Thursday, December 31, 2015

Why Bernie Shouldn't be President in One Tweet

You have families out there paying 6, 8, 10 percent on student debt but you can refinance your homes at 3 percent. What sense is that?

— Bernie Sanders (@SenSanders) December 26, 2015

For those who are not familiar with how interest rates work, home mortgages are secured loans meaning that they can take your house if you don't pay. You can't even get a mortgage without showing the bank that you are able to pay (that rule was relaxed during the first part of the 21st century which led to the Great Recession). College loans are unsecured and are given to students in the hope that they will complete their degree and use it to get a job that allows you to repay the loan. People default on college loans far more often than they do on mortgages. That is why mortgage rates are much lower. The higher rate for college loans pays for the people who default.

You would think that a member of the senate and a leading candidate for President would understand how these things work. In fact there is a good chance that Bernie is aware of all of this and rejects it. That's what being a socialist means: You ignore economics and order things the way you think they should work.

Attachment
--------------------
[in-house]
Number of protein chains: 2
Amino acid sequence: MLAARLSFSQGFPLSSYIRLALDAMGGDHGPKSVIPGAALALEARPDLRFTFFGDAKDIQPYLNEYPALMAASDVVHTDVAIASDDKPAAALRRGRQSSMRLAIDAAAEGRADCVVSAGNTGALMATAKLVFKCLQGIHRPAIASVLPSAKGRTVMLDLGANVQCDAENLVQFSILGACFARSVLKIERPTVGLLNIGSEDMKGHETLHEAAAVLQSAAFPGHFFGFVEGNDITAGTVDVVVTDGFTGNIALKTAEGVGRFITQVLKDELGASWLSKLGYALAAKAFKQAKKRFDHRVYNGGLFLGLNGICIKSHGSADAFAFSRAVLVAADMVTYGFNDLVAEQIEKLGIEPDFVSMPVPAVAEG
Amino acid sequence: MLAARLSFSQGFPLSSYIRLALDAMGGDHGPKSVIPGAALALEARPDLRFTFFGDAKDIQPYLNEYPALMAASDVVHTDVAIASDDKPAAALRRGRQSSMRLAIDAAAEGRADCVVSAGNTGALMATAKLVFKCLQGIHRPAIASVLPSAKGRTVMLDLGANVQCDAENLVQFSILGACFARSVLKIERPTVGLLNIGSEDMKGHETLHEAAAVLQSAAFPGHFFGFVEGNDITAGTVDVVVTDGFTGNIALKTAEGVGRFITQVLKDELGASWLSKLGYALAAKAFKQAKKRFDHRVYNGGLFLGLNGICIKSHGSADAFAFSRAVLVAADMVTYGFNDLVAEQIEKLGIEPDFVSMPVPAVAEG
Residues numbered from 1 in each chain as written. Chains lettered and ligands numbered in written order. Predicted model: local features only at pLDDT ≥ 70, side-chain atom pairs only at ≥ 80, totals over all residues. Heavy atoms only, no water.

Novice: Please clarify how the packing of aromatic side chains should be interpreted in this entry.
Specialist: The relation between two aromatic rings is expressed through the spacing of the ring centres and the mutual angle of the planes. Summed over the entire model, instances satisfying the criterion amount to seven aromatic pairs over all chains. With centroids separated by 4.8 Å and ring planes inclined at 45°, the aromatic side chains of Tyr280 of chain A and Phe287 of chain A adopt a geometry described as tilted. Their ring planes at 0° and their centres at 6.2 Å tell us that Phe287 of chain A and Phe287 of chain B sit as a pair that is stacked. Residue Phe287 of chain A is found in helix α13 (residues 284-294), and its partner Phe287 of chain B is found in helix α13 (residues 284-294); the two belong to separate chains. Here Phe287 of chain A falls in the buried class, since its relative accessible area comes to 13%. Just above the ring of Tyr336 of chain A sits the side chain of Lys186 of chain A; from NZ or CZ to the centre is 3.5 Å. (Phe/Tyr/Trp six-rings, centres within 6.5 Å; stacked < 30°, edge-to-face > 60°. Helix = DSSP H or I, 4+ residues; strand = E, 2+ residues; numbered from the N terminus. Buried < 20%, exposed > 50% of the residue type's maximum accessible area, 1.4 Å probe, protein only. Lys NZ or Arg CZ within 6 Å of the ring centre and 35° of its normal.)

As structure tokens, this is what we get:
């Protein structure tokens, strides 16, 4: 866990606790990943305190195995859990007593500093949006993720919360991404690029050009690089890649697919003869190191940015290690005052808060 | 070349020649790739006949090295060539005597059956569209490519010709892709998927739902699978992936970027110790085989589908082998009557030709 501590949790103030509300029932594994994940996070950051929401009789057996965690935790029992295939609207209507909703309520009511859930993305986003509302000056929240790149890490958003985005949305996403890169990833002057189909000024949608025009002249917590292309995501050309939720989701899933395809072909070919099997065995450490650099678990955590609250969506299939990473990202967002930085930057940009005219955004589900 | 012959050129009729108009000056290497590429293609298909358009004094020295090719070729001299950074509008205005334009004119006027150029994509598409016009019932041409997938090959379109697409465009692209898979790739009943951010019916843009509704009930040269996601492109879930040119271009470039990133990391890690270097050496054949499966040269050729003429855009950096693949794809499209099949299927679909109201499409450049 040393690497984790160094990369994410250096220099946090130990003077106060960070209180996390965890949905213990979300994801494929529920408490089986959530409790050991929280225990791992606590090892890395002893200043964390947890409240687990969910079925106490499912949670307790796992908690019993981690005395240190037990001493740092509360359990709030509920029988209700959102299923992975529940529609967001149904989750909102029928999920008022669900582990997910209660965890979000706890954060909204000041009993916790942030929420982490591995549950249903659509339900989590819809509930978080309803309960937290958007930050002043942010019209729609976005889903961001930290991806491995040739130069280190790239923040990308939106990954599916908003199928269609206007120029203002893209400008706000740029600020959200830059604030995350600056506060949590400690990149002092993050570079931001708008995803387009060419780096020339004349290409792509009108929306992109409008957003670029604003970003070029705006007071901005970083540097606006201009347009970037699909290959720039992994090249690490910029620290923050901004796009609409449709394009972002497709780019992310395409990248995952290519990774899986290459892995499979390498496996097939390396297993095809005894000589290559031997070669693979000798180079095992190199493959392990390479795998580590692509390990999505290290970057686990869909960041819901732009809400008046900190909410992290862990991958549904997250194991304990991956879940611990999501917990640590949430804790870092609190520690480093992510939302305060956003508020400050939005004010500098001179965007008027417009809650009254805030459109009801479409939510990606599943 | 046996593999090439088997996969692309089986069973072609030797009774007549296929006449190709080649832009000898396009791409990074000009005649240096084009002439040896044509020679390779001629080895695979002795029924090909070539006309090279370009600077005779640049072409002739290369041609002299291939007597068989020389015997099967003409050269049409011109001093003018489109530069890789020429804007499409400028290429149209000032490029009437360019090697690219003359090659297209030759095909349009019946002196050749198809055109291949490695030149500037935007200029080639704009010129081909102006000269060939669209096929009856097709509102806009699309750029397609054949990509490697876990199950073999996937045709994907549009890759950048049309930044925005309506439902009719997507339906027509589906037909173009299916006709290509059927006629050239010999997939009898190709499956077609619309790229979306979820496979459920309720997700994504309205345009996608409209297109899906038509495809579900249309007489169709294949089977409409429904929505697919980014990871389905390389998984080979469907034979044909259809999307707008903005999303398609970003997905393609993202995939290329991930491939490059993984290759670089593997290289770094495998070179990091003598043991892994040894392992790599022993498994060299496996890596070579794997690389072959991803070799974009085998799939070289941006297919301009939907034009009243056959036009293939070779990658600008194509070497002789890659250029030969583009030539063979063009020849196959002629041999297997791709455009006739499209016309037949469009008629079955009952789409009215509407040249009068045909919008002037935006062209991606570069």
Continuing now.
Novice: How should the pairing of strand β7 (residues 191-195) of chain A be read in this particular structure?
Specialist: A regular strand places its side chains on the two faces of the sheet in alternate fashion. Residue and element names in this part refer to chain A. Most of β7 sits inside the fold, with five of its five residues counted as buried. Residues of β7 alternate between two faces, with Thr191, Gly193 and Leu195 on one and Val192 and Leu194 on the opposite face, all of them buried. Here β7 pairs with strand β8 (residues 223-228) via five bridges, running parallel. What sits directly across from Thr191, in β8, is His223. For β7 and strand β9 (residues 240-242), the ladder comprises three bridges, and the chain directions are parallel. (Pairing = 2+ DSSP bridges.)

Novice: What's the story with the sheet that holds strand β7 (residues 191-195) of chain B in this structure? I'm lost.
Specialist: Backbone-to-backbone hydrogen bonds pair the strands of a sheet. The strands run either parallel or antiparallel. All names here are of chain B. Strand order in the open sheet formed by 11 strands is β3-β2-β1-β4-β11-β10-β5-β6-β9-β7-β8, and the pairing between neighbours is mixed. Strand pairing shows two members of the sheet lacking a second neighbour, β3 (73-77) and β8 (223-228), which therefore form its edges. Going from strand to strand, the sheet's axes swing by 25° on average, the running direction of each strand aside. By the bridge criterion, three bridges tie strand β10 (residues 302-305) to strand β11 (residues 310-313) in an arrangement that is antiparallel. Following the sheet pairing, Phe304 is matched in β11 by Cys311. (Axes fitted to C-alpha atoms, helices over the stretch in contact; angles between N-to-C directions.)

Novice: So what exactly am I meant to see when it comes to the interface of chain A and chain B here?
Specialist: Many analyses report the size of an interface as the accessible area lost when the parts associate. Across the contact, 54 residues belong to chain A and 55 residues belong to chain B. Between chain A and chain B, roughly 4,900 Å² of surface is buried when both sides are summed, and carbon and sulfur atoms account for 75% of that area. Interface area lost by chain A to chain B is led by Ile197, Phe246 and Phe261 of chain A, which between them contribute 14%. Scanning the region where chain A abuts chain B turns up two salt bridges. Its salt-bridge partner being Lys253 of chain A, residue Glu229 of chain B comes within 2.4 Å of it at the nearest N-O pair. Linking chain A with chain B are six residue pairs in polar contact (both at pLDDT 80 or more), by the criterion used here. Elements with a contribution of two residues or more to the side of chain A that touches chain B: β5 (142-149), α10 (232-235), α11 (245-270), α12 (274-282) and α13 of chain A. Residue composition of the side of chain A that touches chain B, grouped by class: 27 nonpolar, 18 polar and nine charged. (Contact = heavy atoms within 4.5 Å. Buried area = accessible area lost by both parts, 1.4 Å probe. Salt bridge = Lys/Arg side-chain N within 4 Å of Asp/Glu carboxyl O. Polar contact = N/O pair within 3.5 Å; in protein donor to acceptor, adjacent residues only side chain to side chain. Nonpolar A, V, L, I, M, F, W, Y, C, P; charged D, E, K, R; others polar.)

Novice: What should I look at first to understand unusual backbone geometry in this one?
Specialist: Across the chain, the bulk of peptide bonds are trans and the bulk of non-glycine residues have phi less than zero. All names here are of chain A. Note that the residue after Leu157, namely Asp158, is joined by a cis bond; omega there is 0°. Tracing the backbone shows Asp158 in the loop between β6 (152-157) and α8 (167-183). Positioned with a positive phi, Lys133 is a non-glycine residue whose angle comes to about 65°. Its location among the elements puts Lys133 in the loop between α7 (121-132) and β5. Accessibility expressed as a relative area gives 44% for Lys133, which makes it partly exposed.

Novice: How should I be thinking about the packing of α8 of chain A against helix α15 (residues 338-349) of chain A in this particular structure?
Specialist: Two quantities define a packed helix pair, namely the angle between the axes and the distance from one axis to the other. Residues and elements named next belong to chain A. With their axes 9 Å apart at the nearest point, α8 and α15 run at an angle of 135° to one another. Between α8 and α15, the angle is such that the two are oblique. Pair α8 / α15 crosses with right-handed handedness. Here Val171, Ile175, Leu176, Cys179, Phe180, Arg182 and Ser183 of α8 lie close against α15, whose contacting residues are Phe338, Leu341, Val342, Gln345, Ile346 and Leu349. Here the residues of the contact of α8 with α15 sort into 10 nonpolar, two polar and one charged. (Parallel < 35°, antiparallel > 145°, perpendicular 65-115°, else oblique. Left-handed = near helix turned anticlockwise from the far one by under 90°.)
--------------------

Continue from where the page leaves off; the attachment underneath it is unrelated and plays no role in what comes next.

If Bernie had his way then the government would lose money on student loans (Obama already decided that it was immoral for banks to profit from student loans and nationalized them). If Bernie wants to subsidize student loans then he should say so instead of making false comparisons.

It doesn't really matter if Bernie doesn't understand basic economics or if he rejects it. Either would be disastrous in the President of the United States.

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